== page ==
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Qualcomm Has Reportedly Been Tweaking the Snapdragon 865, the Snapdragon 855 Successor, Since June 2018

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Aug 7, 2018
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According to earlier reports, Qualcomm began the mass production of its Snapdragon 855 back in June which coincided with TSMC’s announcement regarding the mass production of its 7nm FinFET node. The upcoming Snapdragon 855 Fusion Platform will also feature the X50 modem, giving smartphones of the future access to 5G connectivity.

Samsung and Lenovo are already planning smartphones with the Snapdragon 855 SoC, with the latter reportedly being the first to announce that flagship. However, while we wait for the impending arrival of the Snapdragon 855, an individual states that Qualcomm has already been testing out the Snapdragon 865, which if we’re going according to model numbers go, will succeed the Snapdragon 855 when it launches.

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According to a Twitter user who goes by the handle @roccetry, Qualcomm has been working on the successor to the unannounced Snapdragon 855 since June 2018. TSMC is said to be making the silicon necessary to form the Snapdragon 855, but Qualcomm may return to Samsung for the Snapdragon 865 and it may tout the Korean giant’s advanced 7nm EUV process.

Unlike the Snapdragon 845 and Snapdragon 835, which were made using the 10nm manufacturing process, the Snapdragon 855 will be made on a 7nm FinFET architecture. TSMC is expected to commence the mass production of parts using its 7nm+ node which will also use EUV lithography in the first half of 2019 and may also risk-start the production of 5nm nodes.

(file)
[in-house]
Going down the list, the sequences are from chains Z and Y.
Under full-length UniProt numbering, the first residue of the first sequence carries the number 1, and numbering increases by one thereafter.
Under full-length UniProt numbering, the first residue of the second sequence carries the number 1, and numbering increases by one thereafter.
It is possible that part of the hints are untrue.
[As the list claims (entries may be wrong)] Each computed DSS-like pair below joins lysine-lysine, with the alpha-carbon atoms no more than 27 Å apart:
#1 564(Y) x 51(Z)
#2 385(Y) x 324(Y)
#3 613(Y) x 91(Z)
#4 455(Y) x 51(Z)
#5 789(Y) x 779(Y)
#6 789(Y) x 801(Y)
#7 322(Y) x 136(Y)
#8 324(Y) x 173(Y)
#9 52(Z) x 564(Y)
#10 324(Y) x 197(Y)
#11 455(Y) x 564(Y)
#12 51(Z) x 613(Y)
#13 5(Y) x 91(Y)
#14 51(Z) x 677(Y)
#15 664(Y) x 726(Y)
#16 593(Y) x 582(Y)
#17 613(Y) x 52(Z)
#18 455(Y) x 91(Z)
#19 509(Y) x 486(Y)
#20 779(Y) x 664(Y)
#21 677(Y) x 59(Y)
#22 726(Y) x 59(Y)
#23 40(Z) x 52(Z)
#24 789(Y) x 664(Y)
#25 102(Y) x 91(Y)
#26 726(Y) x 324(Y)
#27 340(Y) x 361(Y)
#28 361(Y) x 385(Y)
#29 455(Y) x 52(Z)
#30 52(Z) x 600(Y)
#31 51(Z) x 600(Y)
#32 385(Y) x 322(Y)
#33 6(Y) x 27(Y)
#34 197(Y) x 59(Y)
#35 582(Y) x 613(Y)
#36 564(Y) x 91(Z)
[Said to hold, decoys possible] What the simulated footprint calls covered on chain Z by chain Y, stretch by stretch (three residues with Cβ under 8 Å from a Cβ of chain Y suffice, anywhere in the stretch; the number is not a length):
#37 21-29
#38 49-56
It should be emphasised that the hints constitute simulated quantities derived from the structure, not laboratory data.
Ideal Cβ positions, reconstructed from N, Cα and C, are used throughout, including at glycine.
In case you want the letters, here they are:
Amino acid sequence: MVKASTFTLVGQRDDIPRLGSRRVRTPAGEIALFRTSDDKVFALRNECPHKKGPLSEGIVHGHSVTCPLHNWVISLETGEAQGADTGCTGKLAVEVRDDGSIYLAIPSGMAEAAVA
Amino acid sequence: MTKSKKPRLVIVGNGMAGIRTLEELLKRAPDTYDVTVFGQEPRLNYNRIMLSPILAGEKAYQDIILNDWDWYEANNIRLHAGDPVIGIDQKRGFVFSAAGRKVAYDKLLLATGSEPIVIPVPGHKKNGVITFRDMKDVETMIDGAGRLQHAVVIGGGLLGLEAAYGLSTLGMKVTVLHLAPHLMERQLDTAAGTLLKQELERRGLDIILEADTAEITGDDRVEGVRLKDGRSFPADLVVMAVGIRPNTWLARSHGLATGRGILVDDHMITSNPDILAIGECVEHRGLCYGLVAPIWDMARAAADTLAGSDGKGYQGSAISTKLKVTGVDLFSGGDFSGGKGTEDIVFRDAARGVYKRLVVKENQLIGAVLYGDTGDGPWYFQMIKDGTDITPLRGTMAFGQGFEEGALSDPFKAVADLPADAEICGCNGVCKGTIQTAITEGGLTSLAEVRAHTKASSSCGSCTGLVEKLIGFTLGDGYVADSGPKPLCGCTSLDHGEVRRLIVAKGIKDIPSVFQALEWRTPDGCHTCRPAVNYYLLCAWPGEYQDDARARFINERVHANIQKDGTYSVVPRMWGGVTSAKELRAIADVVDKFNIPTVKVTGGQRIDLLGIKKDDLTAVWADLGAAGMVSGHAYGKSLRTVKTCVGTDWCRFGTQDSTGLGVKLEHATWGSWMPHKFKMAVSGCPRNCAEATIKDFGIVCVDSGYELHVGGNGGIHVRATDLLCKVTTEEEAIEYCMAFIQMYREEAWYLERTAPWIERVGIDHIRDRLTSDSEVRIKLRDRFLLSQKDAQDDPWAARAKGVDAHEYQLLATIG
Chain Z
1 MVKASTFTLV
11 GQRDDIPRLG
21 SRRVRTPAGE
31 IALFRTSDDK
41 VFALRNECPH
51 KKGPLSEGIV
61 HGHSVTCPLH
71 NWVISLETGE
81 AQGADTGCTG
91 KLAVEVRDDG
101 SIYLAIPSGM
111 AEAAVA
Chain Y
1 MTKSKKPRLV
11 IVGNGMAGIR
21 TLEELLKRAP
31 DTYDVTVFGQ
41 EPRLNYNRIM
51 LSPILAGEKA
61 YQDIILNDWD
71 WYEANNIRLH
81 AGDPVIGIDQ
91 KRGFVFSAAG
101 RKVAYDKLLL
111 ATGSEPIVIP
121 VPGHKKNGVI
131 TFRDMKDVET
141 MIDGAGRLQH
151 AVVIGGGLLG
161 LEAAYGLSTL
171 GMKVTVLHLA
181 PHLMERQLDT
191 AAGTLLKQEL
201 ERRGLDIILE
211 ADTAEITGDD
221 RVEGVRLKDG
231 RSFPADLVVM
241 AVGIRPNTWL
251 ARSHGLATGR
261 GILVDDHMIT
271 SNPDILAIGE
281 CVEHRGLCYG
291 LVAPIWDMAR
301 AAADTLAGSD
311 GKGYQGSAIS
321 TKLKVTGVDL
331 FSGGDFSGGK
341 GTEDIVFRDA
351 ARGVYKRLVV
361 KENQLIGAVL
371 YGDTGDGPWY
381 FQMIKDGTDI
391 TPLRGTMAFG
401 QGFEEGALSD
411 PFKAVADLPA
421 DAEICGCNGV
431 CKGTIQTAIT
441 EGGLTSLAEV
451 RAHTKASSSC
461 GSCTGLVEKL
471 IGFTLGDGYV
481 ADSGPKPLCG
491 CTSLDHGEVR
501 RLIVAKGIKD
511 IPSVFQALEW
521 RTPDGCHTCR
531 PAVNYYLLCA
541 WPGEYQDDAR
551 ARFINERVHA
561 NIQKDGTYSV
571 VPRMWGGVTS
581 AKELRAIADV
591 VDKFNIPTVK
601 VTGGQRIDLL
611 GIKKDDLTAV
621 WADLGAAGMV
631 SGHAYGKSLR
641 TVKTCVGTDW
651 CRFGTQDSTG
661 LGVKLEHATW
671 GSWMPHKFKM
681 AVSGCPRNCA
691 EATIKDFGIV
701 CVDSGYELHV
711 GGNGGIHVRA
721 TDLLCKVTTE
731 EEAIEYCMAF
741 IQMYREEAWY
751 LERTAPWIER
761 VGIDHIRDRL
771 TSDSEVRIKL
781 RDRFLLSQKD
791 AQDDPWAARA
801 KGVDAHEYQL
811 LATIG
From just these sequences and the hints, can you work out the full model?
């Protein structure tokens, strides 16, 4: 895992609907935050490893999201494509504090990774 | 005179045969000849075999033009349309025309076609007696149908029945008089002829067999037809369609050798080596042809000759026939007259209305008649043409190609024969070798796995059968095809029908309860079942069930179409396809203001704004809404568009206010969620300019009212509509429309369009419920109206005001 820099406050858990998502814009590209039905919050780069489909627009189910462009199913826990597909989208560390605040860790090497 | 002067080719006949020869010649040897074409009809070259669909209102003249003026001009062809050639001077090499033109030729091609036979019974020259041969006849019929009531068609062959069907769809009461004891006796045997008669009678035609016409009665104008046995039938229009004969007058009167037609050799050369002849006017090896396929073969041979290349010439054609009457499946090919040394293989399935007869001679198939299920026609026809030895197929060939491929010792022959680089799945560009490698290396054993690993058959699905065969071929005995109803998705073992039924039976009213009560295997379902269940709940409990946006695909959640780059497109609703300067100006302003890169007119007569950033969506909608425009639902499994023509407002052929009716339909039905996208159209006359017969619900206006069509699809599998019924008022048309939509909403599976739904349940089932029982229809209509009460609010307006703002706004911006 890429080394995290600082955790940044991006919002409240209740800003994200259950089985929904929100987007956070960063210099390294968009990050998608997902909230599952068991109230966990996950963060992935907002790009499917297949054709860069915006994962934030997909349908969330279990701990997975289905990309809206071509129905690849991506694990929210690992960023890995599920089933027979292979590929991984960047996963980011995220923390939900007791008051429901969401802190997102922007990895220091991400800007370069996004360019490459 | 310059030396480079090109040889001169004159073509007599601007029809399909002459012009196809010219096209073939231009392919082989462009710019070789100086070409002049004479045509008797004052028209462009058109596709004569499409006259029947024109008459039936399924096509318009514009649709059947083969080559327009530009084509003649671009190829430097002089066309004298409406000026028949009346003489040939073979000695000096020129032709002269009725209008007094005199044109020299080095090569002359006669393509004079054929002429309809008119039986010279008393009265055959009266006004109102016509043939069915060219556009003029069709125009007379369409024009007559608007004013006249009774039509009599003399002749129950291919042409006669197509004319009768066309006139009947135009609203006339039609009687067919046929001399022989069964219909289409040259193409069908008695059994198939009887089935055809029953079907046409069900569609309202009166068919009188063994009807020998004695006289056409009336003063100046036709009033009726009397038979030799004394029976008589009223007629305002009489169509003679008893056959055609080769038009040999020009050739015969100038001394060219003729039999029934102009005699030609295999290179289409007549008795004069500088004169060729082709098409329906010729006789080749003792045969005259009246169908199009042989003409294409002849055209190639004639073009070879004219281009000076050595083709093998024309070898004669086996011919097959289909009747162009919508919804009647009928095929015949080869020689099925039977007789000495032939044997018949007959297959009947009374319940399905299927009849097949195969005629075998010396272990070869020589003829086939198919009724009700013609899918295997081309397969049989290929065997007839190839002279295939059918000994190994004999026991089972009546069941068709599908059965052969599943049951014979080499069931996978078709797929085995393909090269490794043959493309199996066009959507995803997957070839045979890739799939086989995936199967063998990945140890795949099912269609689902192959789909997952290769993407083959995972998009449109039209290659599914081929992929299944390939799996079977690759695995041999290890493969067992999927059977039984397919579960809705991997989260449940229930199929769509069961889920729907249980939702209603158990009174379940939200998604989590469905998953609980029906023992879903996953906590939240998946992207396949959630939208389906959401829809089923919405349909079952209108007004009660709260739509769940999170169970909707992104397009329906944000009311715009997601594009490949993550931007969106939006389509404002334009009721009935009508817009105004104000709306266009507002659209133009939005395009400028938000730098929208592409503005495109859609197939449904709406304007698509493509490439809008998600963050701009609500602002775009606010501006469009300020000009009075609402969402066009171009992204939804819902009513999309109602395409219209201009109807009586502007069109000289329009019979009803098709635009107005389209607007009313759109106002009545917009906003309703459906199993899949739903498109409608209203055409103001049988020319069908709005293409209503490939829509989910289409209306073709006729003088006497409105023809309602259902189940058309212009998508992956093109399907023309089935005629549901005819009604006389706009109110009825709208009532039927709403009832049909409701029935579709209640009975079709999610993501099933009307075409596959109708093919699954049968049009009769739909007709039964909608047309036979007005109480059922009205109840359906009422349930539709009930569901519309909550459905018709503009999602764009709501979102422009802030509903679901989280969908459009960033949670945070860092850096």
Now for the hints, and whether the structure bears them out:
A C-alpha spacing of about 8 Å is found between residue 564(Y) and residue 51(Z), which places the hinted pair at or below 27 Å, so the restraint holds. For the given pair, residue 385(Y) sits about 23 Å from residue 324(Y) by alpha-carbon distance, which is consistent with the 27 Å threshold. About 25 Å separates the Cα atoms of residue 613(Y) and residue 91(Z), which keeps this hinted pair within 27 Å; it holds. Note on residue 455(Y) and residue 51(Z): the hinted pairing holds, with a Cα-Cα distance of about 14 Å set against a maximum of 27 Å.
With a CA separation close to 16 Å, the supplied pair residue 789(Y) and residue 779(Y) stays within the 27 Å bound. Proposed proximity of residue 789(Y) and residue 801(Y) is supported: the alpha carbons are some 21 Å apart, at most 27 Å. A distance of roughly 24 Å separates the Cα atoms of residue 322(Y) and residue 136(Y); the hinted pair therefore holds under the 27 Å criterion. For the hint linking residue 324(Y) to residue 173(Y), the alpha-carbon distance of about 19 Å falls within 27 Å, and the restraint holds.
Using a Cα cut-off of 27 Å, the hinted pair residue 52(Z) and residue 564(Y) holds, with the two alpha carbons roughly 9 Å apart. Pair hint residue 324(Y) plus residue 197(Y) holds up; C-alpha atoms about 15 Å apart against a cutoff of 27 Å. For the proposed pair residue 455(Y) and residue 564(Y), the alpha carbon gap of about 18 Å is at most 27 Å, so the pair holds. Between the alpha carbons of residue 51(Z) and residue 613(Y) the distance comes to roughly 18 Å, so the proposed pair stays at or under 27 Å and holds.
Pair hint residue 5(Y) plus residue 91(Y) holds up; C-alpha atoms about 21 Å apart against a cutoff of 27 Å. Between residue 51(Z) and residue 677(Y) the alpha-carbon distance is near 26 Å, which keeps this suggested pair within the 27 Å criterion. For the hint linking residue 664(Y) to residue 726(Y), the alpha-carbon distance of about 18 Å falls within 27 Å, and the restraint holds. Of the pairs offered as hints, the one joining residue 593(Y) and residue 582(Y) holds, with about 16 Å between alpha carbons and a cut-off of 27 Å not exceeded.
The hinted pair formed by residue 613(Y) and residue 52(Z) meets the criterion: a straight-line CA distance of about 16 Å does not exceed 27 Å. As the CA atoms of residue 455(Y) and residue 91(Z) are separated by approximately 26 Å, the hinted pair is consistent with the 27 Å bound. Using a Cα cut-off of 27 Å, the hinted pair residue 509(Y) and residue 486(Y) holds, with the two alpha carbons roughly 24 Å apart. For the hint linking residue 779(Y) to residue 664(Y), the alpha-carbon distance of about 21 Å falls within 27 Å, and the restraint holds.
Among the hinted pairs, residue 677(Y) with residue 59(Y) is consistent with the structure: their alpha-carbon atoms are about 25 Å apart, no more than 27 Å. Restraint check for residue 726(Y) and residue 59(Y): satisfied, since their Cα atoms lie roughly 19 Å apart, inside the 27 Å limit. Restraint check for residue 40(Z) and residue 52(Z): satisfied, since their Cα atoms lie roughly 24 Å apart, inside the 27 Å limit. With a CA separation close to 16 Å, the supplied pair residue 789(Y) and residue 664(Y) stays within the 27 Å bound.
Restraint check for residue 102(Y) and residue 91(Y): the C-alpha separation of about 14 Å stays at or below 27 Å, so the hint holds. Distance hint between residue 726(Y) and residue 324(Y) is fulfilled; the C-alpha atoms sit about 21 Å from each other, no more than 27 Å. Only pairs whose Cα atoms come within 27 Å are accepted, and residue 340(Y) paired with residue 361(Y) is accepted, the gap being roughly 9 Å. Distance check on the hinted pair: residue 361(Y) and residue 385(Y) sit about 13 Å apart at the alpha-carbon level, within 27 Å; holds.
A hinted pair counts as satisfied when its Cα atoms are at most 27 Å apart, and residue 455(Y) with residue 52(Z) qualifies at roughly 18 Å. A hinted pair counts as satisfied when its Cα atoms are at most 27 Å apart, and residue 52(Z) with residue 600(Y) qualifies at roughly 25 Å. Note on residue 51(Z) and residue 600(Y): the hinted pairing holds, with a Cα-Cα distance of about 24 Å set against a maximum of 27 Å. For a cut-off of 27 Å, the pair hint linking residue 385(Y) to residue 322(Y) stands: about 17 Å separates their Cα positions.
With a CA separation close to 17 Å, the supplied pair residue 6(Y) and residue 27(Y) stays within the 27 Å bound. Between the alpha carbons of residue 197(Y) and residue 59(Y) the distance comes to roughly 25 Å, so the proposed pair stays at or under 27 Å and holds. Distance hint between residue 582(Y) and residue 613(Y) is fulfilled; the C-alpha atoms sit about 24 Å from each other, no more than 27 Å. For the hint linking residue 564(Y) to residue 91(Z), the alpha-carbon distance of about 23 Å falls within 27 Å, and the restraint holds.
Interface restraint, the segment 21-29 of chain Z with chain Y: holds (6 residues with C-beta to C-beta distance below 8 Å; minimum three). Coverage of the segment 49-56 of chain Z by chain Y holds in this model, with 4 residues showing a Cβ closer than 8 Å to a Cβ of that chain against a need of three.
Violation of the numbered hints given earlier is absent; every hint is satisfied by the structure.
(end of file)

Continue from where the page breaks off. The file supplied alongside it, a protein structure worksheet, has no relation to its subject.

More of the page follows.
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Samsung will reportedly commence the production of chips based on its 5nm LPE in 2019. The 5nm LPE are expected to offer much-lowered power consumption but due to mass production complications, we do not believe that the Snapdragon 865 will be based on the aforementioned node.

Unfortunately, the leakster who said that Qualcomm has been working on the Snapdragon 865 since June 2018 did not provide the source of the news so it is best to take it with a grain of salt for now. However, we’d like to point out that with the surrounding competition that Qualcomm has to tackle, it would not be crazy to think that the U.S.-based chipset manufacturer wants an early lead in the smartphone industry so it can secure a large number of shipments from OEMs as quickly as possible.

Source: Twitter (Nicolas La Rocco)

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